The predominant wired LAN technology standardized in the IEEE 802.3 specification.


Federal Communications Commission (FCC)

Independent United States government agency, created, directed, and empowered by Congressional statute.

The FCC was established by the Communications Act of 1934 as the successor to the Federal Radio Commission and is charged with regulating all non-Federal Government use of the radio spectrum (including radio and television broadcasting), and all interstate telecommunications (wire, satellite and cable) as well as all international communications that originate or terminate in the United States. The FCC took over wire communication regulation from the Interstate Commerce Commission. The FCC's jurisdiction covers the 50 states, the District of Columbia, and U.S. possessions.


A firewall protects a computer network from unauthorized access. Network firewalls may be hardware devices, software programs, or a combination of the two.

Frequency Hopping Spread Spectrum (FHSS)

A type of spread spectrum radio transmission in which the transmitter and receiver hop in synchronization from one frequency to another according to a prearranged pattern.

Fresnel Effect

A phenomenon related to line of sight whereby an object that does not obstruct the visual line of sight obstructs the line of transmission for radio frequencies.

Front-to-Back Ratio (F/B Ratio)

Of an antenna, the gain in a specified direction, i.e., azimuth, usually that of maximum gain, compared to the gain in a direction 180° from the specified azimuth. dB



A method of increasing the transmission distance of a radio by the concentration its signal in a single direction, typically through the use of a directional antenna. Gain does not increase a radio's signal strength, but simply redirects it. Therefore, as gain increases, the decrease in angle of coverage is inversely proportional.


A gateway is an internetworking system, a system that joins two networks together.

General Packet Radio Service (GPRS)

Mobile data service available to users of GSM mobile phones. It is often described as "2.5G", that is, a technology between the second (2G) and third (3G) generations of mobile telephony. It provides moderate speed data transfer, by using unused TDMA channels in the GSM network. Originally there was some thought to extend GPRS to cover other standards, but instead those networks are being converted to use the GSM standard, so that is the only kind of network where GPRS is in use. GPRS is integrated into GSM standards releases starting with Release 97 and onwards. First it was standardised by ETSI but now that effort has been handed onto the 3GPP.

Gigahertz (GHz)

One billion cycles per second. A unit of measure for frequency.

Global System for Mobile Communications (GSM)

One of the most popular standard for mobile phones in the world. GSM phones are used by over a billion people across more than 200 countries. The ubiquity of the GSM standard makes international roaming very common between mobile phone operators which enables phone users to access their services in many other parts of the world as well as their own country. GSM differs significantly from its predecessors in that both signalling and speech channels are digital, which means that it is seen as a second generation (2G) mobile phone system. This fact has also meant that data communication was built into the system from very early on. GSM is an open standard which is currently developed by the 3GPP.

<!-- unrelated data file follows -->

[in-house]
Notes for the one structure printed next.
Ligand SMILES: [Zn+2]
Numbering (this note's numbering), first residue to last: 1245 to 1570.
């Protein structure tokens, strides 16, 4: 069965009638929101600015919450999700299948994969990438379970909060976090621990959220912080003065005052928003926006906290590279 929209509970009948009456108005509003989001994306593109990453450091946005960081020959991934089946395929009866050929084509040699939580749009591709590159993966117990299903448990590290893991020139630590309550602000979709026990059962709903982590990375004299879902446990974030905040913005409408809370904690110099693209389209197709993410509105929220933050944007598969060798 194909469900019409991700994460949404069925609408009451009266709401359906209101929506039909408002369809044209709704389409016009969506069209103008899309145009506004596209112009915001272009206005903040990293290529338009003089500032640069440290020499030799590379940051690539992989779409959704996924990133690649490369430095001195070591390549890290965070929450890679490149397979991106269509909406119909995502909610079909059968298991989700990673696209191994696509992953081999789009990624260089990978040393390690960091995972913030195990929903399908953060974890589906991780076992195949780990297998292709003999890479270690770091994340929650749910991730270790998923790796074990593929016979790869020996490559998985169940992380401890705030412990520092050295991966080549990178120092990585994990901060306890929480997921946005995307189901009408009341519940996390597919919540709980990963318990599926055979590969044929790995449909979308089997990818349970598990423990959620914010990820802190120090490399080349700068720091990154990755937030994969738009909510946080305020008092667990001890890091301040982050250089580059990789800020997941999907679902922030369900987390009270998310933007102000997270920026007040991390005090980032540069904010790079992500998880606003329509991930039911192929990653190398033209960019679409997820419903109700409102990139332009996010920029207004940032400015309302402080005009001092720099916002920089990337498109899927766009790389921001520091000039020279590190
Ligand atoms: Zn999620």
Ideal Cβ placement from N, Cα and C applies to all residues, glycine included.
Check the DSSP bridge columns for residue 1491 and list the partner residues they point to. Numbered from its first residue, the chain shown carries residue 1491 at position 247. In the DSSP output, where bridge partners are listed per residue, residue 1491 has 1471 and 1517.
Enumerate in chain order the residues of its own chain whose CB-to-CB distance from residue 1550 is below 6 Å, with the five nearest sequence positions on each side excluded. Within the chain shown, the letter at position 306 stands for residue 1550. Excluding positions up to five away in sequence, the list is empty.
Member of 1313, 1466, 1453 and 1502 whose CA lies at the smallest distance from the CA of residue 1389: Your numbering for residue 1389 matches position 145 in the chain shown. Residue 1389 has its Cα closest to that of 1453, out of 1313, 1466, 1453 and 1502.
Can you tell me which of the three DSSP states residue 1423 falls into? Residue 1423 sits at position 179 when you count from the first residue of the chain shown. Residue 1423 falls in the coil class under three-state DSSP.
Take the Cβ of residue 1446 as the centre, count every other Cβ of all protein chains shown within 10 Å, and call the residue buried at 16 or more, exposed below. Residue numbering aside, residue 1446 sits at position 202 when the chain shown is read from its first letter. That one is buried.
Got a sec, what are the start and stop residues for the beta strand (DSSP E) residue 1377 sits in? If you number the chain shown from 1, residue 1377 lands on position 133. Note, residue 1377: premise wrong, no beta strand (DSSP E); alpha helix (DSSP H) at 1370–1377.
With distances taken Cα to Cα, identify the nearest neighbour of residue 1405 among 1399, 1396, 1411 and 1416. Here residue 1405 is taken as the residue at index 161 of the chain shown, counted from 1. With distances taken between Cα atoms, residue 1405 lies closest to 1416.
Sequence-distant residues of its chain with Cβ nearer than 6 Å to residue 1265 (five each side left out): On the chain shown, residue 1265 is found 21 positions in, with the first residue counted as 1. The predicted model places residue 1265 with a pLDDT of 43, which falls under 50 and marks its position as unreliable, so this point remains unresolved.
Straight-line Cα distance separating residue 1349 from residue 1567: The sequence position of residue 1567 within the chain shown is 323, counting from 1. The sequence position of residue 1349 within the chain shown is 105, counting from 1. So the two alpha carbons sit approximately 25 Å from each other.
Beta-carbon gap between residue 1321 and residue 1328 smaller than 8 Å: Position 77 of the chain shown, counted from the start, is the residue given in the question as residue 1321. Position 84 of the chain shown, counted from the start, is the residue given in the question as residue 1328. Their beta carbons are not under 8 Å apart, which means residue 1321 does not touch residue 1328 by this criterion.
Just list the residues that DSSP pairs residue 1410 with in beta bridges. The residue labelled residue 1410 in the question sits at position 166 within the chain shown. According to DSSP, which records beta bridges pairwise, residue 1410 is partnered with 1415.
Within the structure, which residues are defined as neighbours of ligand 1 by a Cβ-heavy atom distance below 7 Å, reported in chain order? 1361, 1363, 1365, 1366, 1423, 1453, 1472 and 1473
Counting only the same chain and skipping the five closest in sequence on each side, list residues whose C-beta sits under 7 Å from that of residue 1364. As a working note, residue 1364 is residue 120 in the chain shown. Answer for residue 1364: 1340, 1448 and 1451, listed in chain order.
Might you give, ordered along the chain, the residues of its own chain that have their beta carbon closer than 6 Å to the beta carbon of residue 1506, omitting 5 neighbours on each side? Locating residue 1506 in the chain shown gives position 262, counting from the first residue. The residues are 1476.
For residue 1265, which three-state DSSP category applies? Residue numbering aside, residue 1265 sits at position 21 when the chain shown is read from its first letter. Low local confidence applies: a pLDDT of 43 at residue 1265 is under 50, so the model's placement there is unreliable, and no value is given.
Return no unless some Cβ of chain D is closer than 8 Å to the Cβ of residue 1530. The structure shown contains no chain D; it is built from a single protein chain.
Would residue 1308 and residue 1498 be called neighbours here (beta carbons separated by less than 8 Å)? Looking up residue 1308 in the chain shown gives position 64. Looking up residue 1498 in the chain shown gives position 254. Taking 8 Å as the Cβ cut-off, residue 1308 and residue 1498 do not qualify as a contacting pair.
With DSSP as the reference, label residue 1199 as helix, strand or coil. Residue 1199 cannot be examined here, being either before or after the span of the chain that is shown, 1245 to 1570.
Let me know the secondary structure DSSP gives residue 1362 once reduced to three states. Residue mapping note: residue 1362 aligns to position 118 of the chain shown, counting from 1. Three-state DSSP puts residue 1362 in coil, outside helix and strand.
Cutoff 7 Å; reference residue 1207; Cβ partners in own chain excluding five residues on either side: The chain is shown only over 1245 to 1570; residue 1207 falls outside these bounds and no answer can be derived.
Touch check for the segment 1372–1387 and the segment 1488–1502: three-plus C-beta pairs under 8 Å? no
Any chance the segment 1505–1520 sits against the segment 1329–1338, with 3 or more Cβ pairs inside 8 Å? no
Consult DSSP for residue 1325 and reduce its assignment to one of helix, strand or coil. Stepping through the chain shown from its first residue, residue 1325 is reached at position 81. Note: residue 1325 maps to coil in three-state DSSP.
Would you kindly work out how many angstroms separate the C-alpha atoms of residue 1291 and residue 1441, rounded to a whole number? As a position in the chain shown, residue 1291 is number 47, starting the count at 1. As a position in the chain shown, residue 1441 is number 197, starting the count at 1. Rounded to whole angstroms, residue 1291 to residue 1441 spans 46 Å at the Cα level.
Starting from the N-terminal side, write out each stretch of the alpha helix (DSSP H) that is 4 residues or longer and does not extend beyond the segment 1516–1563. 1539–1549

From the point of view of the consumer, the key advantage of GSM systems has been higher digital voice quality and low cost alternatives to making calls such as text messaging. The advantage for network operators has been the ability to deploy equipment from different vendors because the open standard allows easy inter-operability. Also, the standards have allowed network operators to offer roaming services which mean subscribers can use their phone all over the world.

GSM retained backward-compatibility with the original GSM phones as the GSM standard continued to develop, for example packet data capabilities were added in the Release '97 version of the standard, by means of GPRS. Higher speed data transmission have also been introduced with EDGE in the Release '99 version of the standard.



H.323 is a protocol standard for multimedia communications. H.323 was designed to support real-time transfer of audio and video data over packet networks like IP.

Hertz (Hz)

Cycles per second. A unit of measure for frequency.

Hidden Node

A station on a wireless LAN that attempts to transmit data to another station but, due to its location relative to the others, cannot sense that there is a third station simultaneously communicating with the intended recipient. Lost message and multiple retries is the result.


A hotspot is any location where Wi-Fi network access is made publicly available. Technically speaking, hotspots consist of one or several wireless access points installed inside buildngs and/or adjoining outdoor areas.


For a linearly polarized antenna, the plane containing the magnetic field vector and the direction of maximum radiation. The magnetic field or "H" plane lies at a right angle to the "E" plane. For a vertically-polarized antenna, the H-plane usually coincides with the horizontal/azimuth plane. For a horizontally-polarized antenna, the H-plane usually coincides with the vertical/elevation plane.